Ch. 28 - WWI

Mar 9 Ch. 28 #1 P. 658-671 Reading Guide Due

Mar 11 Ch. 28 #2 P. 671-682 Reading Guide Due
Ch. 29 - Great Depression/Authoritarianism

Mar 15 Ch. 29 #1 P. 686-700 Reading Guide Due

Mar 17 Ch. 29 #2 P. 700-718 Reading Guide Due
Ch. 30 - WWII

Mar 21 Ch. 30 #1 P. 724-736 Reading Guide Due

Mar 23 Ch. 30 #2 P. 736-746 Reading Guide Due
*** Spring Break March 25 – April 3***

4th Term Tuesday, April 4, 2016 – Thursday, June 2, 2016
Ch. 31- The Cold War

Apr 4 Ch. 31 #1 P. 752-764 Reading Guide Due

Apr 6 Ch. 31 #2 P. 764-777 Reading Guide Due
Ch. 32 - Latin America- Revolution & Reaction

Apr 8 Ch. 32 Full P. 782-801 Reading Guide Due


Ch. 33 - Africa, the Middle East and Asia in the Era of Independence

Apr 12 Ch. 33 #1 P. 804-816 Reading Guide Due

Apr 14 Ch. 33 #2 P. 814-826 Reading Guide Due

Ch. 34 - Rebirth & Revolution: Nation-building in East Asia and the Pacific Rim

Apr 18 Ch. 34 #1 P. 830-841 Reading Guide Due

Apr 20 Ch. 34 #2 P. 842-853 Reading Guide Due
Ch. 35 - The End of the Cold War and the Shape of New Era: World History 1990-2006

Apr 22 Ch. 35 Full P. 860-878 Reading Guide Due


Ch. 36 - Globalization and Resistance

Apr 26 Ch. 36 Full P. 882-900 Reading Guide Due

Apr 28 Period 6 Test Multiple Choice/ CCOT Essay and Study Guide/Map Due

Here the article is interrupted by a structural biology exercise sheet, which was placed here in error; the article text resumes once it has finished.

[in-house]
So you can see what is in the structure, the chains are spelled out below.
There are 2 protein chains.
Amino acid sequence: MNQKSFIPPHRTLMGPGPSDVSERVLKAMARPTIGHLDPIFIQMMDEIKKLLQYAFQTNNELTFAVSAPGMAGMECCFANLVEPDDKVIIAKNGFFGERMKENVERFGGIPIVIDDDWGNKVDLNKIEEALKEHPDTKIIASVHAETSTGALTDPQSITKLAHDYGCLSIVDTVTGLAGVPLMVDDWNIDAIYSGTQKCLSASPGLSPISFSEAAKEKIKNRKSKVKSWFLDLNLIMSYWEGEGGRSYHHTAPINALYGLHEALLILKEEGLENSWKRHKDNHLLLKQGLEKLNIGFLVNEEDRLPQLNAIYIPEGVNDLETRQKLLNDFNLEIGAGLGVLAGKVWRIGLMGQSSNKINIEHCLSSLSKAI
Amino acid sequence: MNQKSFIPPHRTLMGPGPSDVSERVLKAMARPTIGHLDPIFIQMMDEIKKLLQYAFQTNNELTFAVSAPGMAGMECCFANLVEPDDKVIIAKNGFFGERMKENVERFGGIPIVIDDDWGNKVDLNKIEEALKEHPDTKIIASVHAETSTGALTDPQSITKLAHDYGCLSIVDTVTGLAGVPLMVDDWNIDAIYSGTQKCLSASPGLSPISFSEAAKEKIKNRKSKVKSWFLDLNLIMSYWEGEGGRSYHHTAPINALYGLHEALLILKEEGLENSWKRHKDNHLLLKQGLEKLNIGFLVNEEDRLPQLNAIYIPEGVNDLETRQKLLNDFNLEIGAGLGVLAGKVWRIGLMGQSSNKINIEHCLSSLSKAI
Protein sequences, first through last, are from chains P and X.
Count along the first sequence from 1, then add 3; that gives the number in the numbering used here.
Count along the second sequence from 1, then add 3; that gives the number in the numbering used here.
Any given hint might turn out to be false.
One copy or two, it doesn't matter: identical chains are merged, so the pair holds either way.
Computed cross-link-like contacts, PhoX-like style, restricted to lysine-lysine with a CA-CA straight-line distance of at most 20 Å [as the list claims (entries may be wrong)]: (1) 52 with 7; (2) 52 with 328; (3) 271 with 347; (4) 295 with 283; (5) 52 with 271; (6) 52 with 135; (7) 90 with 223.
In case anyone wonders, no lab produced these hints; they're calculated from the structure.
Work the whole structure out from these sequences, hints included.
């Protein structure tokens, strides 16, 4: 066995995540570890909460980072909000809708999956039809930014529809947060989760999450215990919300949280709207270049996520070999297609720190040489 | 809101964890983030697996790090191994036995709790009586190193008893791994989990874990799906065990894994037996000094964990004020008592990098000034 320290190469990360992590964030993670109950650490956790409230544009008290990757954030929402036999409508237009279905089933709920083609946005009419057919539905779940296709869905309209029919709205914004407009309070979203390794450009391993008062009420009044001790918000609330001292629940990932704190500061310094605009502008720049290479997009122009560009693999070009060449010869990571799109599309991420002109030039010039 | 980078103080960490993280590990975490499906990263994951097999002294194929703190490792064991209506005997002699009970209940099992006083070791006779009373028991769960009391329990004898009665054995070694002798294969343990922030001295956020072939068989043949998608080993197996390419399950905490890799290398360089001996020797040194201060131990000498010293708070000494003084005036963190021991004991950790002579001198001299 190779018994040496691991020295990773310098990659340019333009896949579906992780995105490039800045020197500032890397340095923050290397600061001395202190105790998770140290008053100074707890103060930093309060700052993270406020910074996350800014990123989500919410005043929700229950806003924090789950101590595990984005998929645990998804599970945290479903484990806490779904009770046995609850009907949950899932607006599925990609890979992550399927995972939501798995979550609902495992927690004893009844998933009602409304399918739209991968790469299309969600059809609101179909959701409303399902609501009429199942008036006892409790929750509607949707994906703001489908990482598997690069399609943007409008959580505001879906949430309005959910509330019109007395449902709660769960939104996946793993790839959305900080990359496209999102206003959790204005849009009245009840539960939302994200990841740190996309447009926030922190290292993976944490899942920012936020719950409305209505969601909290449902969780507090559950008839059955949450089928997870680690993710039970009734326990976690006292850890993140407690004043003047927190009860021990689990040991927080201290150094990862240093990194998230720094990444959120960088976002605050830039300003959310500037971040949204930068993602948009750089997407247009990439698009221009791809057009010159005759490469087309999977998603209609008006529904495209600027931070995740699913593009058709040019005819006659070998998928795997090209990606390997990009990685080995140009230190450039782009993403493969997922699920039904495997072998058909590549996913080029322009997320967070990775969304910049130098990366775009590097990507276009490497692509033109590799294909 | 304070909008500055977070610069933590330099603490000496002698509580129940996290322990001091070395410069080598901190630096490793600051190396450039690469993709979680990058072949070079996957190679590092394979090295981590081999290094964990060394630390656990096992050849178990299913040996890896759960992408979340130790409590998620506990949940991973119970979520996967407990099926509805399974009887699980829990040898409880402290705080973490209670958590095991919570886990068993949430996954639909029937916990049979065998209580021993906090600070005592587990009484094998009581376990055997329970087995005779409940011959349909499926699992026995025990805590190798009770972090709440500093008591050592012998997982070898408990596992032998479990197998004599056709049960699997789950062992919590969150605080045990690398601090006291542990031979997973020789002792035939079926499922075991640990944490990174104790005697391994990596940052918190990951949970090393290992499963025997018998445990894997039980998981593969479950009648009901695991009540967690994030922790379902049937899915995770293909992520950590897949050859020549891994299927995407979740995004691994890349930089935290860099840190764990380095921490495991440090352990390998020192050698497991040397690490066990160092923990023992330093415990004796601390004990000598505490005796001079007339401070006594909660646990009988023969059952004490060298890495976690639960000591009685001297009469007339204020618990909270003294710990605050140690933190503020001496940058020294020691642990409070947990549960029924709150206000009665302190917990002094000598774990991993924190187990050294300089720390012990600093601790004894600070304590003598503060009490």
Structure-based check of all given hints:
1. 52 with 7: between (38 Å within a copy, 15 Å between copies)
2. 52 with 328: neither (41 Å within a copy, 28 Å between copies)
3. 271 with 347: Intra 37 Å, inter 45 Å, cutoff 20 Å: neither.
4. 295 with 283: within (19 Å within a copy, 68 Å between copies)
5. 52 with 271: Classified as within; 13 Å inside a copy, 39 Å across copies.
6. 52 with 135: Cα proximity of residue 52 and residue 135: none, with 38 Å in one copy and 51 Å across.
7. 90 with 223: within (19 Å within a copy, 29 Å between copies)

AP Test Period Review
May 2 Unit I (Green) Pre-History to 600 BCE, The Agricultural Revolution

Unit II (Purlple) 600 BCE to 600 CE, The Imperial Age

May 4 Unit III (Gold) 600 to 1450, The Golden Age of Islam, and Mongols

Unit IV (Blue) 1450 to 1750, The Age of Exploration

May 6 Unit V (Orange) 1750 to 1914, The Industrial Revolution

Unit VI (Red) 1914 to Present, The Age of Conflict


AP Practice Test

May 7 8:30 A.M. Saturday 3 hour and 5 minute practice test


AP Exam Writing Review

May 10 (DBQ) Document Based Question Writing Structure Review

(CC) Compare and Contrast Writing Structure Review

(CCOT) Continuity and Change Over Time Writing Structure Review


Thu May 12 ***AP Exam*** (8 am)
You will be excused from class from 7:30 am until 12:35 pm. You will not be excused from your last class period that day.

Post-Test Periodization Projects



Chapter 1, From Human Prehistory to the Early Civilizations
Summary:
The earliest known humans lived in east Africa about 2.5 million years ago. These humans lived by hunting and gathering. Gradually, the most advanced human species, Homo sapiens sapiens, migrated from Africa to the Middle East, then into Europe, Asia, Australia, and the Americas. They developed tools out of stones, sticks, and other natural objects. Agriculture began form about 10,000 years ago onward. This in turn encouraged the development of civilization. Early civilizations arose in five different sites, four along the fertile shores of great environments and the search for food supplies. The development of agriculture offered different opportunities for humans, including altered family forms, formal political structures and cities, and monumental buildings. But change took place during this time period slowly. The impact of this change in human civilization can be seen with children who were more supported, nurtured and disciplined because they were a vital part of the family labor force in agricultural societies.